Reid Hoffman: Three Disciplines that Product-Focused Founders Need
We're here tonight at Madrone Studios for a fireside chat between Sarah Lacy and Reid Hoffman. For those that aren't familiar with Hoffman -- where have you been? -- he is a co-founder of LinkedIn, a partner at Greylock, and a prominent member of the PayPal mafia.
Hoffman began by detailing his thoughts on product-focused founders. Conventional wisdom tends to state that product-focused founders of software companies should be engineers or programmers. However, Hoffman outlined a trifecta of disciplines that product-focused founders should have.
The disciplines are design, engineering, and product management.
As Hoffman noted, "The product founder is critical, but product doesn’t mean writing code. You have to be conversant. You have to understand what a technical strategy is, what is or isn’t feasible, who would or wouldn’t be good to work with. There are a lot of product founders that aren’t coders.”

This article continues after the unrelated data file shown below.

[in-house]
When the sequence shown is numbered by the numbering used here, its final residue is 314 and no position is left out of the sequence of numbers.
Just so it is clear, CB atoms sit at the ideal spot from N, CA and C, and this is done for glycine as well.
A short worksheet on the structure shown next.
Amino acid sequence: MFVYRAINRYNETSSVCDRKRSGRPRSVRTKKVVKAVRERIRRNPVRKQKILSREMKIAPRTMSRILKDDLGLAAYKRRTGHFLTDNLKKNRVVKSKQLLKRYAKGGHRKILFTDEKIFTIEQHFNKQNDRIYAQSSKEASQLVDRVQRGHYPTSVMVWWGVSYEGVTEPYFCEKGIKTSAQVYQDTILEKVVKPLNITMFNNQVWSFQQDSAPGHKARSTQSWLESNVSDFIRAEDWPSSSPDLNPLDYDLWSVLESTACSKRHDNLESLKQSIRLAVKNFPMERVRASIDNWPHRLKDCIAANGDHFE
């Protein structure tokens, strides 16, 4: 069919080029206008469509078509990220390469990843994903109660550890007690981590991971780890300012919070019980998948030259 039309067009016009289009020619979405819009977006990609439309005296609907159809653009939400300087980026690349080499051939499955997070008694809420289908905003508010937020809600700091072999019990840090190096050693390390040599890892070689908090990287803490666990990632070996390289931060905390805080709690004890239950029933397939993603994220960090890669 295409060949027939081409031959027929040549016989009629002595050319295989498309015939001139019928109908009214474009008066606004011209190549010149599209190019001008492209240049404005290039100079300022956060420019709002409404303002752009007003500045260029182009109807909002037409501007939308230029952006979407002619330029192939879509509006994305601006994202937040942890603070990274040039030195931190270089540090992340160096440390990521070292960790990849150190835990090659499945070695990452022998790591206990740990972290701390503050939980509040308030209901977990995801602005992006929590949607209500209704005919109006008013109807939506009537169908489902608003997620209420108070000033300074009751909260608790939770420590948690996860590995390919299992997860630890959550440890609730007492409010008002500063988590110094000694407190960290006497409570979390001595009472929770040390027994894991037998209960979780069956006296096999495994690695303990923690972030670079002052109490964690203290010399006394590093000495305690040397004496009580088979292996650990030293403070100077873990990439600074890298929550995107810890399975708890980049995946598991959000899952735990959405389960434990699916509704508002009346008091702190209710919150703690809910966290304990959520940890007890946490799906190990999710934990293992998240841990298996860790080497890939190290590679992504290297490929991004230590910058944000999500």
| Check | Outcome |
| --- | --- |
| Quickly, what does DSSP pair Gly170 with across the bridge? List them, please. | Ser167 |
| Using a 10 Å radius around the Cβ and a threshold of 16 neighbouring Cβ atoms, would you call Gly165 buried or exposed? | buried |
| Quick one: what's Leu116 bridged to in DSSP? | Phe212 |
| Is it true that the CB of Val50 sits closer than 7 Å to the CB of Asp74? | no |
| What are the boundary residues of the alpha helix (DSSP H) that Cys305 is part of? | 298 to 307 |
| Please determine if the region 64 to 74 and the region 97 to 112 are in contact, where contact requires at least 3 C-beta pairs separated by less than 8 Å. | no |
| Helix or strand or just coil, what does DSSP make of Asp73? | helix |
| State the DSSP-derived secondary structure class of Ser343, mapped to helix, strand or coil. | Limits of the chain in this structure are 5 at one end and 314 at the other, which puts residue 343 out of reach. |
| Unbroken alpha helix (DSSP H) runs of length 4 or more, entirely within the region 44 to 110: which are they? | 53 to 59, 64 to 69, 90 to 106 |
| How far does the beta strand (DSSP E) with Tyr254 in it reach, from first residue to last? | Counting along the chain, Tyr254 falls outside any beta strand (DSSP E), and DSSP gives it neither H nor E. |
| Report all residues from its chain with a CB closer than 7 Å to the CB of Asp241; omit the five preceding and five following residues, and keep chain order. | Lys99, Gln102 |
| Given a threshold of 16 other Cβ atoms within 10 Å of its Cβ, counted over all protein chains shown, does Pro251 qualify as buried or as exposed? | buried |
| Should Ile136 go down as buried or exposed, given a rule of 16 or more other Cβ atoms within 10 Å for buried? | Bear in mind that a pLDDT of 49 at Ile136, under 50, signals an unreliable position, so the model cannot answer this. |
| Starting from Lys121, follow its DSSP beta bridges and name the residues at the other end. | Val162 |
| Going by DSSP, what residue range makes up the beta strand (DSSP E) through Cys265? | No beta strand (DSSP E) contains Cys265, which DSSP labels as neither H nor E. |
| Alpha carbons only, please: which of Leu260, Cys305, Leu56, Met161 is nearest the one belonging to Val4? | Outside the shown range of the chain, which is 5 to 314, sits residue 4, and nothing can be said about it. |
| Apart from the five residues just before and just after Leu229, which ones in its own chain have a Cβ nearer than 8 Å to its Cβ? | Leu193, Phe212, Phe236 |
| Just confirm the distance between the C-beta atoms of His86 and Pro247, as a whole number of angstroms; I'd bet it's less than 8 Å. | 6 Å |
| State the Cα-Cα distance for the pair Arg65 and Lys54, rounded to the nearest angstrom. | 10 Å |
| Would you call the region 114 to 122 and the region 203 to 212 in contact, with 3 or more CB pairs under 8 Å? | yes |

What this means for product-focused founders is that they can lead the product side of a company, while not actively writing the code for software. This is what Hoffman did at LinkedIn, and he isn't alone. Steve Jobs is also a well-known example of a product-focused founder that didn't actually write the code.
Hoffman continued, stating that a product-focused founder doesn't necessarily need all three, although that is helpful. What's really necessary, though, is to be very strong in at least one of those, and being willing to learn.
Which is what Hoffman did over time, with one key lesson he picked up being that "if you’re not embarassed by your first product release, you released too late."